Already sky-high ocean freight spot rates were pushed even higher this week, spiking to new highs on transpacific services with a 25% rise from Asia to the US East Coast taking prices to more than $9,000/FEU, and a 15% increase to the US West Coast — which crossed the $6,000/FEU mark, according to the latest figures from Freightos.
Prices from Asia to North Europe and the Mediterranean also both increased by more than 5% and passed $11,000/FEU — with surcharges and premiums often meaning that the actual freight rate can be currently thousands more, Freightos highlighted.
And with peak season on its way, it once again looks like things will continue to get worse before they get better.
Like others, Freightos highlighted that the partial closure for more than two weeks of southern China’s key Port of Yantian — responsible for about 25% of US-bound, Chinese origin ocean volumes — was contributing to the spike in prices, with the container terminal operating at only 30% capacity for two weeks now following a coronavirus outbreak.
According to the weekly report on Freightos’ FBX real-time daily rates — based on current rates being used by global logistics providers — Asia-US West Coast average prices reached a new weekly high of $6,341/FEU — 245% higher than the same time last year. And Asia-US East Coast prices spiked to a new record of $9,317/FEU, and are 250% higher than rates for this week last year.
Freightos observed that the partial closure for more than two weeks of southern China’s key Port of Yantian has created a queue of ships that could wait 16 days to dock. And with the nearby ports of Shekou and Nansha unable to handle all the impacted containers, some carriers are skipping not only Yantian but also Shekou to avoid days of delays.
Robert Khachatryan, COO of Freight Right Global Logistics, a freight forwarder that offers services on theFreightos.com freight booking platform, explained that the latest crisis is also overwhelming other modes as some shipments «are being trucked to other ports at significant cost.» And some industry commentators believe the slowdown could impact ocean logistics even more significantly than the disruptions caused by the blockage of the Suez Canal in March and April, including an eventual surge of volumes at US and European destinations.
Freightos noted that «the impact of this latest crisis will be amplified because the industry is already spread so thin. Though improved, delays at LA/Long Beach persist, and some carriers are now avoiding alternative ports like Oakland because they are no better».
And smaller recent disruptions — like the collapse of a gantry crane at the Port of Kaohsiung in Taiwan, and a climate protest at the port of Hamburg — are also causing delays and tying up capacity, with an estimated 5% of all ocean capacity currently waiting outside a port.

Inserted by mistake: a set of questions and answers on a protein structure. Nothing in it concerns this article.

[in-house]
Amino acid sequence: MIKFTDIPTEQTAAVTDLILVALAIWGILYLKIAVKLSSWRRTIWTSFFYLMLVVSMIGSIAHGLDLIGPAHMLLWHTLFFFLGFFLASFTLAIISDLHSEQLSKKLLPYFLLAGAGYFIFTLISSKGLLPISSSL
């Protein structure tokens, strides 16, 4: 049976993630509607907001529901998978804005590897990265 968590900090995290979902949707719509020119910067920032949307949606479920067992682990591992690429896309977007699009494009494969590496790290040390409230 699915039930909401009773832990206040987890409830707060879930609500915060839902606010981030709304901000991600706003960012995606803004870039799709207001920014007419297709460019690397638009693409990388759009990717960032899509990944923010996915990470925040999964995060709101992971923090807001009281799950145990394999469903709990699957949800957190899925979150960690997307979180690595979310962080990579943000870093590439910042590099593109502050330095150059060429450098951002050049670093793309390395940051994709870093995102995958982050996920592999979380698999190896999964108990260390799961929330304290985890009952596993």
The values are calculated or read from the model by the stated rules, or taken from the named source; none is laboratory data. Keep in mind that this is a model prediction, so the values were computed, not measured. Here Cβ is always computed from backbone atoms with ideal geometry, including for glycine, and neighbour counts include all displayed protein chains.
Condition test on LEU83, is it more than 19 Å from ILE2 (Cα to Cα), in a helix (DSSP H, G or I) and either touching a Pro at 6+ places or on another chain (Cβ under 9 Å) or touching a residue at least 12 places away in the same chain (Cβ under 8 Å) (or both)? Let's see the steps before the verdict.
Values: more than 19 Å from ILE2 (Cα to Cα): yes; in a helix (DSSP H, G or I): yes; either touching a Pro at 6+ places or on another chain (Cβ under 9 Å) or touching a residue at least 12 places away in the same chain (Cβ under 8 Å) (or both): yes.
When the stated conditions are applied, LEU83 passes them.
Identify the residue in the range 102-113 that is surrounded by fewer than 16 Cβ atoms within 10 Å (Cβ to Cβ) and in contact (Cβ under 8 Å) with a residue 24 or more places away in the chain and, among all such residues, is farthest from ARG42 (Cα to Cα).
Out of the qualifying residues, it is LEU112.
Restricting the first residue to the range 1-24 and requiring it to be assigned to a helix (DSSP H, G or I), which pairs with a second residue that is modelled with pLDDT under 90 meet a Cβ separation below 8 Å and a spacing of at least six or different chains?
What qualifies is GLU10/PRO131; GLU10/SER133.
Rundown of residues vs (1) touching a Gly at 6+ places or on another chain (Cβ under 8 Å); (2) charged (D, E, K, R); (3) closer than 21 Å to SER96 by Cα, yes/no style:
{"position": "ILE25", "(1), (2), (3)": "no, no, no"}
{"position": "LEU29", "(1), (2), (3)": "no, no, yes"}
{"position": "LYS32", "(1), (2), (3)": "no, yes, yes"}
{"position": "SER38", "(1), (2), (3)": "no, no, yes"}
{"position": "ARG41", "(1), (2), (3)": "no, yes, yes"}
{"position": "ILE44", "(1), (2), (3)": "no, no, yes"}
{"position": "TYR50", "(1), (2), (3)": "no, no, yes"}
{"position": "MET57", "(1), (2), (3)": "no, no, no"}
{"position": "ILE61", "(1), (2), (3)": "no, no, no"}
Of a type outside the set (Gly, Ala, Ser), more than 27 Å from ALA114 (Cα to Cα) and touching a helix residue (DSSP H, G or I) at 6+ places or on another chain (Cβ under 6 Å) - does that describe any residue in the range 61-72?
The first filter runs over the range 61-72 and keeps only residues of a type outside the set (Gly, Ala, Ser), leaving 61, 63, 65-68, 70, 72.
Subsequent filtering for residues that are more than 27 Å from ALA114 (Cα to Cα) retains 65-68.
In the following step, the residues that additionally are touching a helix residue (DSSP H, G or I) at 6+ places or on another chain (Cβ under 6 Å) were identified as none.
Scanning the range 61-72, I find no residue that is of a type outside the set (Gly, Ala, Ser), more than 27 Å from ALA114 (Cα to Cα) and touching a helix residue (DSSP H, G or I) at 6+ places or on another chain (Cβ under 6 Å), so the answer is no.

Backlog of cargo
Meanwhile, US freight forwarder Flexport’s Ocean Freight Market Update this week highlighted that Asia to North America (Transpacific Eastbound) schedule reliability «remains a challenge, as carriers continue to grapple with delayed berthing appointments at extremely congested ports like Oakland». And at origin, Flexportobserved that Covid outbreaks causing disruptions to labour forces were prompting some strings to omit calling Yantian, «likely causing a backlog of cargo for the next few weeks».
The forwarder added that «limited amount of available space, high number of blank sailings, disruptions due to congestion and ad-hoc port calls/omissions, and strong demand together mean big challenges on TPEB». With a 1 June general rate increase (GRI) already implemented, it said a further GRI on 15 June was expected. And with capacity and equipment «critical», and experiencing «severe undercapacity», it is recommending customers to «book at least 4-6 weeks in advance of CRD».
And on Asia to Europe (Far East Westbound), it said the «space and equipment crunch continues», with market demand exceeding supply, noting: «There are more blank sailings coming up in June/July, and no improvement in equipment status». Flexport said carriers «have a sizable backlog and are not able to accommodate their booking intake», with Yantian port restrictions and congestion causing further disruption.
It said rates had seen a «significant increase» on 1 June, with a further increase expected on 15 June and in July.
As with the TPEB market, it said there was an «extremely tight space situation», with «severe equipment shortage across all Asia origins». Recommending «advance booking of at least 4-5 weeks prior CRD, Flexport urged customers to «consider the limited premium options» and to «adopt flexibility on equipment substitution».